India Media and Entertainment Industry; Radio, Television and Broadcast

  • April 2013
  • -
  • East West Relations Limited
  • -
  • 54 pages

The India TV & Radio industry is undergoing huge change. Digitisation is changing the market landscape and opening opportunities for foreign media companies.
Find out what your competitors are up to and how your company can participate in this growing market.

Coverage includes:

- Television channels and broadcasters/Major Private FM operators
- Digitisation trends, challenges
- Key Players (see table of contents for full listing)
- Content production
- Regulatory Implications
- Multi-Service Operators (Cable Distribution Companies) Local Cable Operators (Lcos)
- Future Outlook

If you're a media owner looking to enter the Indian TV or Radio market or need to keep abreast of key changes and developments this is the report you need to keep you up-to-date in this fast moving, lucrative market.

Executive Summary Indian Television Industry

The Indian Television sector is the third largest in the world in terms of the number of TV Households and has become the preferred advertising medium in India during the past few years. The television sector has been growing at between 12-15% in recent years resulting in an increased share of advertising compared to other advertising media. The TV industry is currently estimated to be worth USD 6.5 billion.

The impending roll out of nationwide digitization of content distribution has opened up a whole new business opportunity and better revenue realizations to all the stakeholders especially for the broadcasters and higher tax collection for the government. Though advertising revenue, which is the largest revenue stream for the television industry, is facing sluggish growth currently due to the economic slowdown, the prospect of higher subscriber revenues post digitization is making the industry optimistic about the future.

The television industry in India, as elsewhere, consists of three basic internal stakeholders:
- Distribution
- Channels
- Content and Rights

All three segments are undergoing a major transformation in terms of regulation, technology or market dynamics. The role, market drivers and challenges faced by respective stakeholder segments is discussed at length in the subsequent sections.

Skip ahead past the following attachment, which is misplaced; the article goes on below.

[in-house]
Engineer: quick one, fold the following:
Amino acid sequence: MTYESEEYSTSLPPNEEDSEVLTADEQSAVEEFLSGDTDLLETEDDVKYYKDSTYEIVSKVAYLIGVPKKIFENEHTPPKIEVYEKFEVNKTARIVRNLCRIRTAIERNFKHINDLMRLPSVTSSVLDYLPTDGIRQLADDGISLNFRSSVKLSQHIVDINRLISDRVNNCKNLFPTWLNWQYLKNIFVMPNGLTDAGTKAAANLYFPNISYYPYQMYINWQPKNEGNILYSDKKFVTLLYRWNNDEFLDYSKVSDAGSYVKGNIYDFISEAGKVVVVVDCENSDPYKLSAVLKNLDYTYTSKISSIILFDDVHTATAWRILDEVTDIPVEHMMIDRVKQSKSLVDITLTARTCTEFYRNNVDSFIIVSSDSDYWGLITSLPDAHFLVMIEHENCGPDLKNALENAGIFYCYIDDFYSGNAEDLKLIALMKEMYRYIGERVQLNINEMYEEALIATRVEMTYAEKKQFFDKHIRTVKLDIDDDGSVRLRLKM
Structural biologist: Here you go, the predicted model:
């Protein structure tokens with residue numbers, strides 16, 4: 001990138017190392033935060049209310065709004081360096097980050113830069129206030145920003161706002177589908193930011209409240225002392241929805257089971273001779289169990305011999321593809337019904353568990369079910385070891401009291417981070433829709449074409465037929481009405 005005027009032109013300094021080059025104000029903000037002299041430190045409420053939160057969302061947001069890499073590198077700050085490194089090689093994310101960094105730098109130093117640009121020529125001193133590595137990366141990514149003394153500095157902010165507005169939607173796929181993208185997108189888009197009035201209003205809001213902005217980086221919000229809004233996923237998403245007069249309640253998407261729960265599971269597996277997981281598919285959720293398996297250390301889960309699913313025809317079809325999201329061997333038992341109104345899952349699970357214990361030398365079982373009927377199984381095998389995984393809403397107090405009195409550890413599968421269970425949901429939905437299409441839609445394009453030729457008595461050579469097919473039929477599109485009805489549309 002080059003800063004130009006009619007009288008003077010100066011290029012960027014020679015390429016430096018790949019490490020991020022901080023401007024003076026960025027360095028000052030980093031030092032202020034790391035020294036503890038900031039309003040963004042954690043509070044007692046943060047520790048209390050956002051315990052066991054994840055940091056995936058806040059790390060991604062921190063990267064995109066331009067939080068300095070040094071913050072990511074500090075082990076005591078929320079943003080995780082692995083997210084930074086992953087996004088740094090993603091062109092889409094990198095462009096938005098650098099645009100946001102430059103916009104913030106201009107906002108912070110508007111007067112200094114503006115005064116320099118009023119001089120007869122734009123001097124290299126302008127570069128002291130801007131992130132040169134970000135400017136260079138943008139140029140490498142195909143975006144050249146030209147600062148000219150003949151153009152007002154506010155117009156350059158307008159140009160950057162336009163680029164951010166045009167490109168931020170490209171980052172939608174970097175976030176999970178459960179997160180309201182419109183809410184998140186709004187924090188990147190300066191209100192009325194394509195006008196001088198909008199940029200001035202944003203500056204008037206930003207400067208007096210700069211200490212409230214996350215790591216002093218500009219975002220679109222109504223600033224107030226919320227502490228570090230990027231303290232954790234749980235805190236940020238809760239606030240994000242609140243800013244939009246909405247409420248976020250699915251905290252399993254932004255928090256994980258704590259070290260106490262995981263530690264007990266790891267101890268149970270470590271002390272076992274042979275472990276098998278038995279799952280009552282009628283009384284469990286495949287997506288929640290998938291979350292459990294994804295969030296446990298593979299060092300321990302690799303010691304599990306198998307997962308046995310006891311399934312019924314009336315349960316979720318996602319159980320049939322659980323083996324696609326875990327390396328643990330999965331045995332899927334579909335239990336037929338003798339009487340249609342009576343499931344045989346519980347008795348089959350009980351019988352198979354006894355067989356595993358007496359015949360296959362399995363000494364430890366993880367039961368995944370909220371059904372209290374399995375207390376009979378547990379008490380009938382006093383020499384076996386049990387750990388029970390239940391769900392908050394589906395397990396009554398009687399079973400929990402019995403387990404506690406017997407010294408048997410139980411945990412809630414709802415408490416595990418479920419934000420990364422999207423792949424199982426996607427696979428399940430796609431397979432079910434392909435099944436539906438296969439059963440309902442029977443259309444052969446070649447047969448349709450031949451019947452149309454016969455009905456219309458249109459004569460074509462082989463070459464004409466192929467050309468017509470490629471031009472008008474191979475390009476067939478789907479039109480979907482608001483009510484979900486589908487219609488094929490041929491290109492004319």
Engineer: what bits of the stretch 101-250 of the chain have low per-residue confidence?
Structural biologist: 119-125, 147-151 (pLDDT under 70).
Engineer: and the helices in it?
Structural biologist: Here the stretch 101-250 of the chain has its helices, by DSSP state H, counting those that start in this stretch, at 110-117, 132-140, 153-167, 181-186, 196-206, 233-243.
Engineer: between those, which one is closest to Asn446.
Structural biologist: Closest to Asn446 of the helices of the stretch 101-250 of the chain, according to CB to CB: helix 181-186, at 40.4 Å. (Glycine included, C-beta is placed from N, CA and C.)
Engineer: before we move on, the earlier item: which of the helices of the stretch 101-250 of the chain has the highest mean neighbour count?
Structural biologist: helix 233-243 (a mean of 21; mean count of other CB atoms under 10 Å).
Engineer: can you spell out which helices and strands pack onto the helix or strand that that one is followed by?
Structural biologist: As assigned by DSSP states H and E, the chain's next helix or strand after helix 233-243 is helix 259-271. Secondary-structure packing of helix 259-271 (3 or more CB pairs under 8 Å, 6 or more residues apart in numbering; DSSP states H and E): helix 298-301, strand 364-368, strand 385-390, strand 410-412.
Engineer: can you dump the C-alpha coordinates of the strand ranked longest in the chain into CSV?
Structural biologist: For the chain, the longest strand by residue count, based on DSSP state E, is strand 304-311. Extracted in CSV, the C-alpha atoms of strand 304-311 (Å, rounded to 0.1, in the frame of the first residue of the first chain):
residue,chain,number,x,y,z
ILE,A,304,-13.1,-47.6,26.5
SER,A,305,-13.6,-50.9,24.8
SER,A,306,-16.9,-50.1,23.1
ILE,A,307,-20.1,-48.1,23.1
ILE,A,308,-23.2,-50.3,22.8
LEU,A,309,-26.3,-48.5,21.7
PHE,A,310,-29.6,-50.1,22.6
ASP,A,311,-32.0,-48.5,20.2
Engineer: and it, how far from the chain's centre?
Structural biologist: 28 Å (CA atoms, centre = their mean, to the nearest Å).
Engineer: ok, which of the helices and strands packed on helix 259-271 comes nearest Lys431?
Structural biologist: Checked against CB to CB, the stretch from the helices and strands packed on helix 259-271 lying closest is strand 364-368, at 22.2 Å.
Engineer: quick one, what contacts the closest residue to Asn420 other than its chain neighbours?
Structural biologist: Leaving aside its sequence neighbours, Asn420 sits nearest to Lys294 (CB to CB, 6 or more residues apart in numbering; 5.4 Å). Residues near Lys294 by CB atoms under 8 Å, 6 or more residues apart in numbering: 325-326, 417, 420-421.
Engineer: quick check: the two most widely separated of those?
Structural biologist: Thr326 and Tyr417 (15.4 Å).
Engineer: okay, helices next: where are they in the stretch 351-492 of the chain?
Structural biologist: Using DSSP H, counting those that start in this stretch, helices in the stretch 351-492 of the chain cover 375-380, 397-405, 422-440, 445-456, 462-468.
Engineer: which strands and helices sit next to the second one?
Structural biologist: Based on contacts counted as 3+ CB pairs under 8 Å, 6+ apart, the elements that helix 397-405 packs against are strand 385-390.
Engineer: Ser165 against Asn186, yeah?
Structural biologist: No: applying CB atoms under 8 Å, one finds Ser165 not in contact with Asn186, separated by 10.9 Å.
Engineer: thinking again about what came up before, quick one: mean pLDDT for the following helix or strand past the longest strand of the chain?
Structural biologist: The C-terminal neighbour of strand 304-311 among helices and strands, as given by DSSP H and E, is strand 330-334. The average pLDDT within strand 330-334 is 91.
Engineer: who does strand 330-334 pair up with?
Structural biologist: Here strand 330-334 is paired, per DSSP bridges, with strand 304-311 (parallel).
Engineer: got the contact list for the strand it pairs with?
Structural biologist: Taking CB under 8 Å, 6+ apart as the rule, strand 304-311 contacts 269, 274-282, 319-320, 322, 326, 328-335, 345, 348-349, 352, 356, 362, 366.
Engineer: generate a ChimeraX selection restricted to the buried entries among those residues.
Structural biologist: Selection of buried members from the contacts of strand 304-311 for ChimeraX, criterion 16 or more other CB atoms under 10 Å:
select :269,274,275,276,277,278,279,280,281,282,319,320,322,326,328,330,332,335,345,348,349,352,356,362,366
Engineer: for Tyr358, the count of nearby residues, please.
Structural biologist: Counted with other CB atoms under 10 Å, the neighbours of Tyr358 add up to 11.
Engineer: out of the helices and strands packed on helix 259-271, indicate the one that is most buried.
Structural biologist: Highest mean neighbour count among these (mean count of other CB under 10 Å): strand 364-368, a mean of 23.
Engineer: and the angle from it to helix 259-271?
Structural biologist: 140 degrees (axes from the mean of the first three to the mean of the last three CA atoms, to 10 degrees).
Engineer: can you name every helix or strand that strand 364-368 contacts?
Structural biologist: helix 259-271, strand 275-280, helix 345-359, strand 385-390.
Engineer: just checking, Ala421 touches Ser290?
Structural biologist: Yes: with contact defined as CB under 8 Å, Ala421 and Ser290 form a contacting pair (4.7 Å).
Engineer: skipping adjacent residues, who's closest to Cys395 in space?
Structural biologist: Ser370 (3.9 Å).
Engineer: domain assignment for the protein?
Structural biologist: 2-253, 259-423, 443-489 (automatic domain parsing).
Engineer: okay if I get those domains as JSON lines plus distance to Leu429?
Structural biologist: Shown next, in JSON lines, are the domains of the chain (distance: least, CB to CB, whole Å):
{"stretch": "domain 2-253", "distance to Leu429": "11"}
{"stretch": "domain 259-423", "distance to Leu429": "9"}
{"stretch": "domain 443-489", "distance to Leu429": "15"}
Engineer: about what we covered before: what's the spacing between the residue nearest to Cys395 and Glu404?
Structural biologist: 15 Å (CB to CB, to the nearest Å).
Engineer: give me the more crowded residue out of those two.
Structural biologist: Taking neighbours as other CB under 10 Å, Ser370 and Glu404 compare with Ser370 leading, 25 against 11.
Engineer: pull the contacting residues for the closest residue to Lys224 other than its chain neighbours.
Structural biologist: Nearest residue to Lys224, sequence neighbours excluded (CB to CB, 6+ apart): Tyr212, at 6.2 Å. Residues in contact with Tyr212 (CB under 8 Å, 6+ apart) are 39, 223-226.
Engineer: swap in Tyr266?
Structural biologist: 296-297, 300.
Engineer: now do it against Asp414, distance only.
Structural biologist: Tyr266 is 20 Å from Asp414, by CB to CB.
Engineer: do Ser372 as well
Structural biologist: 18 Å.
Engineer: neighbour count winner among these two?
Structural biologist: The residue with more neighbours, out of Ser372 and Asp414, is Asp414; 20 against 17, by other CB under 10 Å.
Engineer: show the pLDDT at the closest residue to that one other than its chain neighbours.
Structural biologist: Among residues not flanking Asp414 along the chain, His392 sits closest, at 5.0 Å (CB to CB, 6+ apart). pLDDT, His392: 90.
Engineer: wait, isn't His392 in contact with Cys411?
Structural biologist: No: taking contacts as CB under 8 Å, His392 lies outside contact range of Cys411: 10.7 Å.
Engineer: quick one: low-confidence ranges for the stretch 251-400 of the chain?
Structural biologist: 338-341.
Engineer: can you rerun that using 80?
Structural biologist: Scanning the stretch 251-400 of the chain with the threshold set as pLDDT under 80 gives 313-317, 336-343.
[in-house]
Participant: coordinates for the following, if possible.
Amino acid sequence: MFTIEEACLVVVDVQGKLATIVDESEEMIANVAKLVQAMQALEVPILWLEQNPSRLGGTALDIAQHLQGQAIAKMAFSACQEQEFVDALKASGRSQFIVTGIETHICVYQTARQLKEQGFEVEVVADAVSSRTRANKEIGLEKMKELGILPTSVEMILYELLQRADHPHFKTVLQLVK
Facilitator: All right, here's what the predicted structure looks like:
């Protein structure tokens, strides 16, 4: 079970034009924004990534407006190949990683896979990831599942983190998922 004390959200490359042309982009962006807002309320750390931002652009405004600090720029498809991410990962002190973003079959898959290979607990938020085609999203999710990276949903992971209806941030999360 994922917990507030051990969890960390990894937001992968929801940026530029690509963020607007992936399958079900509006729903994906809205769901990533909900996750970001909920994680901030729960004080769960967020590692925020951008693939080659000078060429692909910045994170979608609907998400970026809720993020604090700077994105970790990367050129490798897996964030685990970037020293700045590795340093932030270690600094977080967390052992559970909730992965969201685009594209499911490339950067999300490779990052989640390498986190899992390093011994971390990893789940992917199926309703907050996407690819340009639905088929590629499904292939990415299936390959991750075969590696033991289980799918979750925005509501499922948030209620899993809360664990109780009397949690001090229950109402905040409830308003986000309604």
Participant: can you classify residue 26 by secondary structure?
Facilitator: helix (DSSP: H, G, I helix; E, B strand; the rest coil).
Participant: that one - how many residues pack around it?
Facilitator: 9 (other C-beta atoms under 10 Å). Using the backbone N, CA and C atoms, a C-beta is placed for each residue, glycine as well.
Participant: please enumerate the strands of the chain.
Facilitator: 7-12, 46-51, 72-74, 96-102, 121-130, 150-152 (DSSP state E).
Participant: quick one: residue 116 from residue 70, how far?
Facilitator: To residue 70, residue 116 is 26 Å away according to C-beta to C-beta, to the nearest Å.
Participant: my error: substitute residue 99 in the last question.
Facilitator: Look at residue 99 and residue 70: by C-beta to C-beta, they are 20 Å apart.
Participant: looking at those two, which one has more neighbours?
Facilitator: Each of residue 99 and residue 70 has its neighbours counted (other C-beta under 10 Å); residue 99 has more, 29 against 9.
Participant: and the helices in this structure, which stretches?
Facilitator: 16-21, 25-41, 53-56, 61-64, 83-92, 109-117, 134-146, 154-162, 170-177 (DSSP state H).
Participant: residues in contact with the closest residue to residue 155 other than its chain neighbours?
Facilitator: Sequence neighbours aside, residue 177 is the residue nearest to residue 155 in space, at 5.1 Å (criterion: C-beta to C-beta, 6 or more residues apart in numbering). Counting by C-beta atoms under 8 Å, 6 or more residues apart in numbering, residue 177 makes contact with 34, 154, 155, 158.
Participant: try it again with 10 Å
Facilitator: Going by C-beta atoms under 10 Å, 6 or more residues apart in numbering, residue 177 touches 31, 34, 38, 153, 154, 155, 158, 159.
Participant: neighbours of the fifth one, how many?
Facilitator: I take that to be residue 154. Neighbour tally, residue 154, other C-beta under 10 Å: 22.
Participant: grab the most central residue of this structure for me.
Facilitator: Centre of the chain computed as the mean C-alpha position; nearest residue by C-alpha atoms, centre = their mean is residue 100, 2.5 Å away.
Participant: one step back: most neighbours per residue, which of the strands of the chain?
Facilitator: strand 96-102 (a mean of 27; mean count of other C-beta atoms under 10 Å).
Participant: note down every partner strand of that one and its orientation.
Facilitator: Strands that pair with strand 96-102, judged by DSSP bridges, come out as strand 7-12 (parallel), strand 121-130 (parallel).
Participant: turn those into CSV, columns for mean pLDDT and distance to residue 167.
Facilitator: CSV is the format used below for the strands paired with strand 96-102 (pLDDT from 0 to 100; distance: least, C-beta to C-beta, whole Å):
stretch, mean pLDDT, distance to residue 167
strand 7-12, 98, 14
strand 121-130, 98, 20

Distribution

Despite reaching 150 million households, the overall TV penetration in India remains low at 63% and is growing steadily in line with economic growth and disposable income. The share of Cable and Satellite based distribution continues to be most popular mode of distribution accounting for 80% share among TV households. Direct to Home (DTH), currently accounts for a smaller share but has been the fastest growing mode and holds more promise, reaching approximately 40m households out of the 150m TV households. The DTH industry consists of six large players with pan India presence.
About 30 Mn rural and remote households still use terrestrial mode to view state owned channels. The analog cable sector is on the verge of migration to digital. Technological constraints in analog cable, with limitations in channel carrying capacity as well as poor quality of signals is driving end users to shift to set top box enabled digital cable and DTH to receive customized and high quality content. Irrespective of the regulation making digitization mandatory, the sector wide consolidation has made local cable operators (LCO) an endangered tribe. Digitization means that end users can view any number of channels and broadcasters too will get their correct share of subscription revenue, which was previously suppressed through ‘leakage’ at the LCO level. It is anticipated that each of the suppliers in the chain will improve their average revenue per user. Multi System Operators (MSO), who aggregate content and distribute to LCOs are expected to play a large and key role in digital era. Acquisition of smaller LCOs and consolidating their position against DTH players will require huge investment in upgrading their technological infrastructure. The future unfolding battle will be between the technologically superior DTH with a cost effective network on the one hand and the large customer base of digital cable MSOs on the other.

Television Channels (Broadcasters):

India has seen proliferation in the number of channels over the last five years with over 825 active channels, but revenue is concentrated in a few and profitability in the hands of even fewer
Primarily the leading Hindi and Local language GECS. This has been primarily due to constraints imposed by analog technology in carrying about 60 channels to the end viewers and upon offering differentiated channel packages to consumers. Those popular channels which have been carried by analog cable have generated high TV viewer ratings and a consequent dominance of ad revenues. Digitization is expected to even the playing field somewhat and to improve the economics of minority and specialist channels. The channels which were at the mercy of LCOs, post digitization will be able to reach their end user and offer niche content for both subscription revenues and targeted ad revenues. However, if the pace of digitization is delayed, established television channels will in the meantime have no option but to depend on ad revenues as their main revenue source and not on subscriber revenues. Given the prolonged lull in corporate ad spend in television and a hike in the production cost of content, some channels may be forced to look at a consolidation route for survival.
Convergence of digital technologies is also presenting a new revenue stream opportunity for broadcasters to repurpose and monetize content using new digital delivery platforms such as smart phones, thereby prolonging the shelf life of content.